City Paper is not for tourists
The prevailing wisdom posits D.C. as a capital of punk music embraced heartily by its citizen-scenesters. But in the punk-centric late ’70s, in the shadow of Ledo Pizza parlor, a group of P.G. County wiseacres decided that the spiked-hair-and-safety-pin set was a bit hard to take and—in true punk fashion—formed their own band to mock the movement, calling themselves the Original Fetish.
And, in true Behind the Music fashion, the band re-formed a quarter of a century later, releasing a “best-of” CD, Pink on the Inside: Rare Cuts 1978– 80, and triumphantly returning to the stage on Aug. 20 at Chick Hall’s Surf Club in Bladensburg. A live recording of that show may also be released.
When plans to celebrate the 25th anniversary of the Fetish’s first gig in 1978 went awry, the band decided to commemorate its breakup instead. “We were only together for two years, so we had a two-year window,” says Fetish frontman Oxie Scrubb. The revised reunion date also narrowly missed another anniversary—that of Elvis Presley’s death. The band’s initial gig was on the first anniversary of the King’s demise, at which it played one of its signature tunes, “I’m Glad That Elvis Is Dead.”
Oxie Scrubb is a nom de rock, of course. The 53-year-old now works for the Montgomery County school system and prefers to keep his Fetishistic past on the down low. “Actually, at one point I thought, That would be a good article: ‘Oxie Scrubb Raises Your Children,’” he says. “When we started, we all had pseudonyms. Mine is the only one that has stood the test of time.”
Despite writing songs with such era-appropriate titles as “New Wave Baby” and “Ultraviolence Is Fun,” the band actually stuck close to rock’s traditional blues-based form. Indeed, the Fetish was similar in style and antics to another D.C. rock anarchist of the Carter era, Root Boy Slim, with whom the band shared the stage at the Outrageous Music Festival at the Warner Theater in 1979.
Scrubb says now that he didn’t hate punks. “It was more their ultraseriousness.” He also notes that the Fetish gave onetime opener Black Market Baby its start.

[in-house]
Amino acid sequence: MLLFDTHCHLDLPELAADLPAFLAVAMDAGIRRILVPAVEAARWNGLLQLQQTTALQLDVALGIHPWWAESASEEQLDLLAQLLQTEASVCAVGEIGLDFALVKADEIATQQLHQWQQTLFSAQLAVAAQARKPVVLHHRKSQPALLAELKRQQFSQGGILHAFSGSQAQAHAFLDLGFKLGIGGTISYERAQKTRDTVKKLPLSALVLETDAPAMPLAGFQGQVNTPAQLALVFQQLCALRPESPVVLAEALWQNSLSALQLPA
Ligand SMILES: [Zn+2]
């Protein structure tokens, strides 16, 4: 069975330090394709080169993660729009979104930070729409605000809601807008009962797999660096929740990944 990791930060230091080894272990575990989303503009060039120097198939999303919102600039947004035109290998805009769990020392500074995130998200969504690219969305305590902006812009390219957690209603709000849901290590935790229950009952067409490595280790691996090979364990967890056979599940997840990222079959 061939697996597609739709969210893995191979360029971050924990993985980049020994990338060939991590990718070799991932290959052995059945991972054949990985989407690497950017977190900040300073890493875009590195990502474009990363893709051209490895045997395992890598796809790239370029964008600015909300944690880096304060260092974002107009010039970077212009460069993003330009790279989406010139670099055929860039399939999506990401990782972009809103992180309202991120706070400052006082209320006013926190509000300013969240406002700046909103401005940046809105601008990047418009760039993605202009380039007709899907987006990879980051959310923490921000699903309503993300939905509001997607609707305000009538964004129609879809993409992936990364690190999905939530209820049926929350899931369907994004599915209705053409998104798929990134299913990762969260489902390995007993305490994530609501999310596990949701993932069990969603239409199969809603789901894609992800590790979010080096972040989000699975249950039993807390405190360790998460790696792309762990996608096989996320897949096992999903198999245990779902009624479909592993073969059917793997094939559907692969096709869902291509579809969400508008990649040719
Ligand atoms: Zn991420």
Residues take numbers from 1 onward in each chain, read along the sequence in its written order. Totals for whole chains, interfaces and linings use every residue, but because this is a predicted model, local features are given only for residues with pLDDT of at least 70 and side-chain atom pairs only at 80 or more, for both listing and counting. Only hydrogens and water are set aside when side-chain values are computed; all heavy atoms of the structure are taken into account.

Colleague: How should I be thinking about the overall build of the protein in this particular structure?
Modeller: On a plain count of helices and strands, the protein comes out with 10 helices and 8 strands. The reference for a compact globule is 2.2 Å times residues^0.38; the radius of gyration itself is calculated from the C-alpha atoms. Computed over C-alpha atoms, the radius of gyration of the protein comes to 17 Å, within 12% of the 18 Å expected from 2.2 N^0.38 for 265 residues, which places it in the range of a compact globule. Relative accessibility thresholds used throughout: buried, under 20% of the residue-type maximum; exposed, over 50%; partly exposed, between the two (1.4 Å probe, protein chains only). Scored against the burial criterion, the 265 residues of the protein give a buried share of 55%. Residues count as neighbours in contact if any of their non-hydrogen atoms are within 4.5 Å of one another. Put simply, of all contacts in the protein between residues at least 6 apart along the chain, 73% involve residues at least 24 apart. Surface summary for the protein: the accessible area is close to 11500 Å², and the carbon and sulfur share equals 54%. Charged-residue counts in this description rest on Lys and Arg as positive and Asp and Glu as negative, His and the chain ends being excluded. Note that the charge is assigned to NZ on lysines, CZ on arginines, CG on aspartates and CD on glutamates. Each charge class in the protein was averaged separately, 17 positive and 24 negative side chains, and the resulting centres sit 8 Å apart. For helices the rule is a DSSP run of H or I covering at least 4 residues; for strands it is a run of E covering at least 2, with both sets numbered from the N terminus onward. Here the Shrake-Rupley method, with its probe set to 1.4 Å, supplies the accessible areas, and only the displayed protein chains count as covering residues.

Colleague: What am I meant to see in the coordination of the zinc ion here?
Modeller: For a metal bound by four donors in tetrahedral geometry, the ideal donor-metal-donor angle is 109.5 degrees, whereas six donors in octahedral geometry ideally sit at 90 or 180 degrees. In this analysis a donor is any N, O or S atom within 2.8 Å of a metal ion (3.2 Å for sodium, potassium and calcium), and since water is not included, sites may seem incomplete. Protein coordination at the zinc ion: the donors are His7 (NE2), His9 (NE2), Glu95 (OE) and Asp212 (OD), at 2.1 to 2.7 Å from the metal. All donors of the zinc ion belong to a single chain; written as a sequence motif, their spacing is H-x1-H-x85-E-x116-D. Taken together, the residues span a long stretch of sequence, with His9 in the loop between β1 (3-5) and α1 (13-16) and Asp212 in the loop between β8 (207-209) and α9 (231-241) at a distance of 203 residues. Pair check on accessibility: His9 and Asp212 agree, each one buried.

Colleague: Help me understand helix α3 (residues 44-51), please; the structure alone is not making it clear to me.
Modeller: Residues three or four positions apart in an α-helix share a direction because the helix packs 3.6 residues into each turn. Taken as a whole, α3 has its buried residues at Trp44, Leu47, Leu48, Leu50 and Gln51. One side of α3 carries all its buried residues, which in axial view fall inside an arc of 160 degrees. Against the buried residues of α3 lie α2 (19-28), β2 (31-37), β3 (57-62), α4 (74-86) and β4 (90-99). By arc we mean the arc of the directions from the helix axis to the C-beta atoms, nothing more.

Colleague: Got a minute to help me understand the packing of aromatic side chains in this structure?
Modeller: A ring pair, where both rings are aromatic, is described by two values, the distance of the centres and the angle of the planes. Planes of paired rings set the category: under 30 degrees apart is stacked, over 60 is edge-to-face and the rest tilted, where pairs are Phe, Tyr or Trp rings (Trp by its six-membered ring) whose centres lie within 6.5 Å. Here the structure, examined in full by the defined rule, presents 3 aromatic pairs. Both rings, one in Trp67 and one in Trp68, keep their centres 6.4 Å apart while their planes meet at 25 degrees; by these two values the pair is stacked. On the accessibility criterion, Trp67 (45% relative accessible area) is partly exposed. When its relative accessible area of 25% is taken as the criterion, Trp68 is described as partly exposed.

“Black Market Baby originally were calling themselves Loose Screws, but my manager misunderstood them. When he put out the flier, he put it down as ‘Loose Shoes,’” Scrubb laughs. Also appreciating the gaffe was BMB lead singer Boyd Farrell, who arrived at the gig with a bag of shoes from his recently deceased father. “And I took a pair of them and was actually married in them,” says Scrubb. “I always thought a great song I never wrote was ‘I Got Married in a Dead Man’s Shoes.’”
“So we did have connections with certain punkers,” says Scrubb. “We didn’t call ourselves punk. But other people were calling us punk and then the punks were saying, ‘Well, you’re not punk.’ I mean, I still had shoulder-length hair, which was about as nonpunk as you get.”
At the Anacostia club El Brookman’s, which hosted D.C.’s stand-up hopefuls during the late-’70s comedy boom, the Original Fetish played the bar every Friday for six months. During that period, features on the band appeared in the Washington Star and on Channel 9 TV.
The instant notoriety led to more gigs, recording sessions, airplay on then-progressive WHFS-FM—and also some animosity from other local bands, whose names the Fetish childishly mocked in its print ads and fliers.
“We were just always kinda jokesters,” says Scrubb. “We kinda looked at it that we were satirizing rock music, using the format to satirize it. And it worked well.” —Dave Nuttycombe
Art accompanying story in the printed newspaper is not available in this archive: Photograph by Darrow Montgomery.